Furthermore, STXM measurements were conducted using BL-19A at the Photon Factory [Institute of Materials Structure Science, High Energy Accelerator Research Organization (KEK), Japan]. Fig. 1[link](a) shows a photograph of the developed azimuthal-rotation sample holder for the compact STXM (cSTXM) (Takeichi et al., 2016[Takeichi, Y., Inami, N., Suga, H., Miyamoto, C., Ueno, T., Mase, K., Takahashi, Y. & Ono, K. (2016). Rev. Sci. Instrum. 87, 013704.]). Fig. 1[link](b) shows a photograph of the holder loaded in the cSTXM. The measurement mode corresponded to the transmission mode. The spatial resolution of this technique improves by more than 50 nm with the application of a FZP. The order-sorting aperture (OSA) is located between the FZP and sample. In this study, a photodiode was used as the detector. In addition, the APPLE-II type undulator of BL-19 can generate synchrotron radiation X-rays with linear horizontal (LH) and liner vertical (LV) polarization modes (Sasaki et al., 1993[Sasaki, S., Kakuno, K., Takada, T., Shimada, T., Yanagida, K. & Miyahara, Y. (1993). Nucl. Instrum. Methods Phys. Res. A, 331, 763-767.]). To investigate the molecular orientation, measurements must be performed using X-ray absorption near-edge spectroscopy (XANES) with not just two polarizations of the X-ray but also other polarization directions via sample rotation. Hence, by switching the polarizations (LH or LV) and rotating the sample (θr = 0°–90°), the polarization angles (θ) of the electric field of the synchrotron radiation X-rays with respect to the sample can be changed from 0° to 180° [Fig. 1[link](c)] as follows: θ = θr + 0° (LH) or θr + 90° (LV). These polarizations enable the investigation of two types of relationships between the sample and electric field of the X-ray at the same rotation angle. This can reduce the total measurement by half or more. The aXis2000 software was used to analyze the image stack data (a set of XA images of a sequence of synchrotron radiation X-ray energies) (Hitchcock, 2009[Hitchcock, A. P. (2009). aXis 2000 - Analysis of X-ray Images and Spectra, http://unicorn.mcmaster.ca/aXis2000.html.]). Fig. 1[link](c) shows the direction of the electric field in the LH and LV modes when viewed from downstream.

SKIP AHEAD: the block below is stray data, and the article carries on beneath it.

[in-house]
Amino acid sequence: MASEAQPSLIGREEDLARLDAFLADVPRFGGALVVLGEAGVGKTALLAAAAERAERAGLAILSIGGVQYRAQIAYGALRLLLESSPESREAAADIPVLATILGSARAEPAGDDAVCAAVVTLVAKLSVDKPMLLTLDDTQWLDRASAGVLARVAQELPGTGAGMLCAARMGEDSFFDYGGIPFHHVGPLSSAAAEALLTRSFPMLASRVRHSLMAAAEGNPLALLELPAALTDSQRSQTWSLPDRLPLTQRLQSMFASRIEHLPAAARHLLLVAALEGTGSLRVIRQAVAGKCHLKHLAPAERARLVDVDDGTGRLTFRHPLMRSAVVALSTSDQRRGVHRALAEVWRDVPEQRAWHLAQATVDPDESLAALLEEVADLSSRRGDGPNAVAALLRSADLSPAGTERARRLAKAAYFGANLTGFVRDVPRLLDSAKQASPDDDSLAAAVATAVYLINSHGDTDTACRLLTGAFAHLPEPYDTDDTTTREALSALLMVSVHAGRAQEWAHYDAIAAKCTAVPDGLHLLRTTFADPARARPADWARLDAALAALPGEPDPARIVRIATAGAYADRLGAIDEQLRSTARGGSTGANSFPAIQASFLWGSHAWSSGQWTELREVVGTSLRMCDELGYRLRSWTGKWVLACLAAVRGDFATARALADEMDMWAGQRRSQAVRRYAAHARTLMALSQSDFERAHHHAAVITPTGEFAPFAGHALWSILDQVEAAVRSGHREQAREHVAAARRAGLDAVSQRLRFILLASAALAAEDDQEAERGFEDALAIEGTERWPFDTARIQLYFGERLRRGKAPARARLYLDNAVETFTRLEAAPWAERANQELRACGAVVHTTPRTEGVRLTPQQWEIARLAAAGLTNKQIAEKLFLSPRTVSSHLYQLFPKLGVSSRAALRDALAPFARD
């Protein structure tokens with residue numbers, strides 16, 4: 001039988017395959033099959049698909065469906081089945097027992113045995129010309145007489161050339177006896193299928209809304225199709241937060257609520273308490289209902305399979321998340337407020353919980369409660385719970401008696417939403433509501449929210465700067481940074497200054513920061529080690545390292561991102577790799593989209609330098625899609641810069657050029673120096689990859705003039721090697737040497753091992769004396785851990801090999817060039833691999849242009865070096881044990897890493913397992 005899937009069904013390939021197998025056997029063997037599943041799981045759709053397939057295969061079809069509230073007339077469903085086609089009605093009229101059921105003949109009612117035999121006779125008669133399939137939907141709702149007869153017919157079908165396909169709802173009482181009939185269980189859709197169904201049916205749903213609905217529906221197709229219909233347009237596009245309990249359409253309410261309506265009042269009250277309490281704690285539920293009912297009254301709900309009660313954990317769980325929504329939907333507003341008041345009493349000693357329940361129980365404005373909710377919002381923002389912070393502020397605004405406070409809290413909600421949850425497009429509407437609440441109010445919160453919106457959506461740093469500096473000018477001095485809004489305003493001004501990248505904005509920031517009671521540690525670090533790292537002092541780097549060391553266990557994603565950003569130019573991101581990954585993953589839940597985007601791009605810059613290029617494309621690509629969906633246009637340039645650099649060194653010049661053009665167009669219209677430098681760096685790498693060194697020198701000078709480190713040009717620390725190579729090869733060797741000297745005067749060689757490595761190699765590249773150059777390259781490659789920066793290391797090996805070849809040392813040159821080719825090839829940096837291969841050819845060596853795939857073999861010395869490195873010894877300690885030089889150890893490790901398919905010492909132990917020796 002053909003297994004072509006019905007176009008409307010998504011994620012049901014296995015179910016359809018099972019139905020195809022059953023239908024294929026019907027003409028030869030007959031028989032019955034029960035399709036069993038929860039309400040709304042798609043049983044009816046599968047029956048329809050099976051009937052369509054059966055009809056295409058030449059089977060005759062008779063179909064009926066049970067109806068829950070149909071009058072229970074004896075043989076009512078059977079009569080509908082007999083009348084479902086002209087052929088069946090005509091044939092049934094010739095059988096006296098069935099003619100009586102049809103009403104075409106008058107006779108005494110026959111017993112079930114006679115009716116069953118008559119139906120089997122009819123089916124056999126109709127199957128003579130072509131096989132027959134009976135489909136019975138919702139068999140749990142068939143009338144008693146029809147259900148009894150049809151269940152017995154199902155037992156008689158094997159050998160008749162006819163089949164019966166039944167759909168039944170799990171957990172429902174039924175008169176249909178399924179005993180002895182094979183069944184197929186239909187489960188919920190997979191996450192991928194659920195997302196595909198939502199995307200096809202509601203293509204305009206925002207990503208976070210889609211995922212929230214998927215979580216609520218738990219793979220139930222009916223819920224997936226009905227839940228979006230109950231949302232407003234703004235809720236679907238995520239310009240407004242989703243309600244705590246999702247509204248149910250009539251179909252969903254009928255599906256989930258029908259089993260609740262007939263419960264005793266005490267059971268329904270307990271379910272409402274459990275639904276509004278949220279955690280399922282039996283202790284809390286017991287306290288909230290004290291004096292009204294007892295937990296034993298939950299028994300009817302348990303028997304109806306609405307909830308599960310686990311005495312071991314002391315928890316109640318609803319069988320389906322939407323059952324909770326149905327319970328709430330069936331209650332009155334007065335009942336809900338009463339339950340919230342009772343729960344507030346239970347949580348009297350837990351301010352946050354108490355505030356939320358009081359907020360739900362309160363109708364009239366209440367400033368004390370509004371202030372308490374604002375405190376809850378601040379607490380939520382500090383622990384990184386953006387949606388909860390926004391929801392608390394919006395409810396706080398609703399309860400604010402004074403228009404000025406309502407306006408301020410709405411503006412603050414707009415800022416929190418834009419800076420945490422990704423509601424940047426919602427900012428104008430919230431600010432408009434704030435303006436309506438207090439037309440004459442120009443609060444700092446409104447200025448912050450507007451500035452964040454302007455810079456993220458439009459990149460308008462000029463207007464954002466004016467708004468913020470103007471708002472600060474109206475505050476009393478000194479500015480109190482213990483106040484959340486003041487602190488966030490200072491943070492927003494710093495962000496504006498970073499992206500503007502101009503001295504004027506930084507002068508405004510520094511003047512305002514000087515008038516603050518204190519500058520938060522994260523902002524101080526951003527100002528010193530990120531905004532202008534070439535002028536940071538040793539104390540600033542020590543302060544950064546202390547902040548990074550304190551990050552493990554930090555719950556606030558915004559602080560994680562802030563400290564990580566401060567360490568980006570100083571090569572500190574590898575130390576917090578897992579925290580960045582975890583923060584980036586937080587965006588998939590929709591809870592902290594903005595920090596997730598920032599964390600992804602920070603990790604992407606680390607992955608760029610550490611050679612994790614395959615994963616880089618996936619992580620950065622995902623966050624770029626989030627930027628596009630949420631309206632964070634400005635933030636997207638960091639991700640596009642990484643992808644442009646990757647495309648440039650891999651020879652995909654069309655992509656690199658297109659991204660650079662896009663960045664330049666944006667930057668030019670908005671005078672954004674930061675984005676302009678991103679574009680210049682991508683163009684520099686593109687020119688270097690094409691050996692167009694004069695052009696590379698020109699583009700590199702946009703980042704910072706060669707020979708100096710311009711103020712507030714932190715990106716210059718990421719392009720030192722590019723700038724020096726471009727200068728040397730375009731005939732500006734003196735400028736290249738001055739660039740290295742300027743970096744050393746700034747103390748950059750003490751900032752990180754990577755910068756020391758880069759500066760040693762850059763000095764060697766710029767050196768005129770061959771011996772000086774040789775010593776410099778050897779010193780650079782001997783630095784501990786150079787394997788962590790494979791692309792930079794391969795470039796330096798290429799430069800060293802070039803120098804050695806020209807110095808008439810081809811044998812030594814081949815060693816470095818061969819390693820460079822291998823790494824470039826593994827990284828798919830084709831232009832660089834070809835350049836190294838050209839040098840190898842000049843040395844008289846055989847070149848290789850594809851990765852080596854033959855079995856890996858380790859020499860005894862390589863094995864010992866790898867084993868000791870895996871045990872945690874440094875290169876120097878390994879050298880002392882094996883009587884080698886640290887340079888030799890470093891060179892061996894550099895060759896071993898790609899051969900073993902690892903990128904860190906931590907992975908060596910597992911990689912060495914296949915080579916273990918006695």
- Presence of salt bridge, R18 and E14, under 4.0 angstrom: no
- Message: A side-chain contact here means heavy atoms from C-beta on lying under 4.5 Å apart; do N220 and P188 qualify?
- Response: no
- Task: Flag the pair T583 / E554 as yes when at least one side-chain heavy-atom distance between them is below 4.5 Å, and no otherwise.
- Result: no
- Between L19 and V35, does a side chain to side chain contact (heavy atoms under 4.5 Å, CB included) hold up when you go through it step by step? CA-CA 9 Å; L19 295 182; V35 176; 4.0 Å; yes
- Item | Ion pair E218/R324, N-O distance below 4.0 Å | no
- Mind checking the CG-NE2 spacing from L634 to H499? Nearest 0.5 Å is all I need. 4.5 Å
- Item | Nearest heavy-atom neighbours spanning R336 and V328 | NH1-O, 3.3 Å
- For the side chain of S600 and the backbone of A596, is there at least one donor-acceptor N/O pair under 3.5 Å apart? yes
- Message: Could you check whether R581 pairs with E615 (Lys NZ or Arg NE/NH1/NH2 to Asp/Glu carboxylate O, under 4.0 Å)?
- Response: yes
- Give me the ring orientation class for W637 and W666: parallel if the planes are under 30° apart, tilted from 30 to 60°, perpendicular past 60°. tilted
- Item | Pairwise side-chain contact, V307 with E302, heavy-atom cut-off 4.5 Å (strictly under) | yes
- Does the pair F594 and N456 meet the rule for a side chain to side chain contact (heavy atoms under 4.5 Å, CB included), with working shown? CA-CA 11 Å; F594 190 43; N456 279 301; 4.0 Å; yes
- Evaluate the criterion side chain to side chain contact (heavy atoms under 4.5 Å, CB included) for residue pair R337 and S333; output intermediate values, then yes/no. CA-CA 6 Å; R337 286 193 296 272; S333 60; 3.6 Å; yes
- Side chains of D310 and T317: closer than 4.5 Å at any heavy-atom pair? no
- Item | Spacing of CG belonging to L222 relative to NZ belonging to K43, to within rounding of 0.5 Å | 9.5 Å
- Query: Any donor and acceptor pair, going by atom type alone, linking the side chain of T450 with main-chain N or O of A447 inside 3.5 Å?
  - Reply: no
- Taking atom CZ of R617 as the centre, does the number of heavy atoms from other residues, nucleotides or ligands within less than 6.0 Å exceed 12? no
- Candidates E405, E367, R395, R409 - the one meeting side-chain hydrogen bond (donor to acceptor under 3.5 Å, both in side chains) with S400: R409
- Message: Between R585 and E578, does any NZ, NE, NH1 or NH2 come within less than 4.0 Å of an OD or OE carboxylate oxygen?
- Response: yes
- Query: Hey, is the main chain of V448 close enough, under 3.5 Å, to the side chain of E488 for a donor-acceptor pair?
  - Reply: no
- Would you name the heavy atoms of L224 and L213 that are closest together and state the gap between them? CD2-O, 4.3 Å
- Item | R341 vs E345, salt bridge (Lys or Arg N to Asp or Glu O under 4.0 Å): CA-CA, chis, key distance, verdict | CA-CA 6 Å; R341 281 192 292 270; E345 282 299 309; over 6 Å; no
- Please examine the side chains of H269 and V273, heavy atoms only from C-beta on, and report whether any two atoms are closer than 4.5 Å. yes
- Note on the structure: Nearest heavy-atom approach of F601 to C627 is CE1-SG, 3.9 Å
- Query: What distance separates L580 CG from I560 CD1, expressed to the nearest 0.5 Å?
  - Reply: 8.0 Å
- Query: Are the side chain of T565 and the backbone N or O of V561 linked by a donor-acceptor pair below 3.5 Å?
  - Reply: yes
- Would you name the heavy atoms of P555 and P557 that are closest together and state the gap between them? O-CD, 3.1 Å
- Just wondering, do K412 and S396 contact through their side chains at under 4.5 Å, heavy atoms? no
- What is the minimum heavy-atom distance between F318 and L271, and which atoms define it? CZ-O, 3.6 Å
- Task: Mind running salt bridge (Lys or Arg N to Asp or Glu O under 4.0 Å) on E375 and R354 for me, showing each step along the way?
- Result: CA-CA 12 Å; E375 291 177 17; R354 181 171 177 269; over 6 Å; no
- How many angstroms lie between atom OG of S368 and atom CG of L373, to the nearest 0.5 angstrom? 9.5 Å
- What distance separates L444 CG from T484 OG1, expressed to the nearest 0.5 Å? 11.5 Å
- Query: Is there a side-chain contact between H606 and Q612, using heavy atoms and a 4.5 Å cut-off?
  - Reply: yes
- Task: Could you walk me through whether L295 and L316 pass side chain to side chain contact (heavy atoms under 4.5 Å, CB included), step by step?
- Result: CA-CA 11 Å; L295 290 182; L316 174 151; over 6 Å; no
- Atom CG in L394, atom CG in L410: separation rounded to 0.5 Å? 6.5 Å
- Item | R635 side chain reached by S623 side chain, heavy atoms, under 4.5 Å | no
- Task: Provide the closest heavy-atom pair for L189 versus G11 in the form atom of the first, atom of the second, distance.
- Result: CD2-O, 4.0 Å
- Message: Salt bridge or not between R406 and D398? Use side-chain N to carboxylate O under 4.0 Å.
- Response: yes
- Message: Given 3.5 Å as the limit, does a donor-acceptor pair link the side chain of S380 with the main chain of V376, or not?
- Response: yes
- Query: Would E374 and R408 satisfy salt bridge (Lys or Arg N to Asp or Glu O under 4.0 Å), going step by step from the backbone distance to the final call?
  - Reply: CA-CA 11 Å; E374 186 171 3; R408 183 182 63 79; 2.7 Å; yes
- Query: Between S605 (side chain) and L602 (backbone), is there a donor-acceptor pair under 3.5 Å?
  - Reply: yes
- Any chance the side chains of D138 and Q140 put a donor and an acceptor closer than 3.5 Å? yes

A natural spherical graphite sample was used for the STXM measurements. The sample was sliced into thin films through focused ion-beam (FIB) processing. Before slicing, the sample surface was coated with Pt to avoid damage due to the ion beam. The thickness of the sample was adjusted to approximately 50 nm through argon milling.

3. Results and discussion

Fig. 2[link] shows a transmission electron microscopy (TEM) image and XA images of the natural spherical graphite sample. In the TEM image [Fig. 2[link](a)], the red dotted line shows the FOV of the XA image obtained by setting the cSTXM at θ = 0° (θr = 0°, LH). Figs. 2[link](b), 2(c), and 2(d) present XA images at θ = 0° (θr = 0°, LH) with different energies corresponding to 280.0 eV (pre-edge), 285.7 eV (1sπ*), and 292.0 eV (1sσ*), respectively. The contrast in the XA images represents OD, which is dependent on the difference in energy among locations. Thus, the chemical structure and orientation of the π-orbitals varies with respect to location. The OD exhibits its maximum value when the direction of the π-orbital is parallel to that of the polarization (Brandes et al., 2008[Brandes, J. A., Cody, G. D., Rumble, D., Haberstroh, P., Wirick, S. & Gelinas, Y. (2008). Carbon, 46, 1424-1434.]).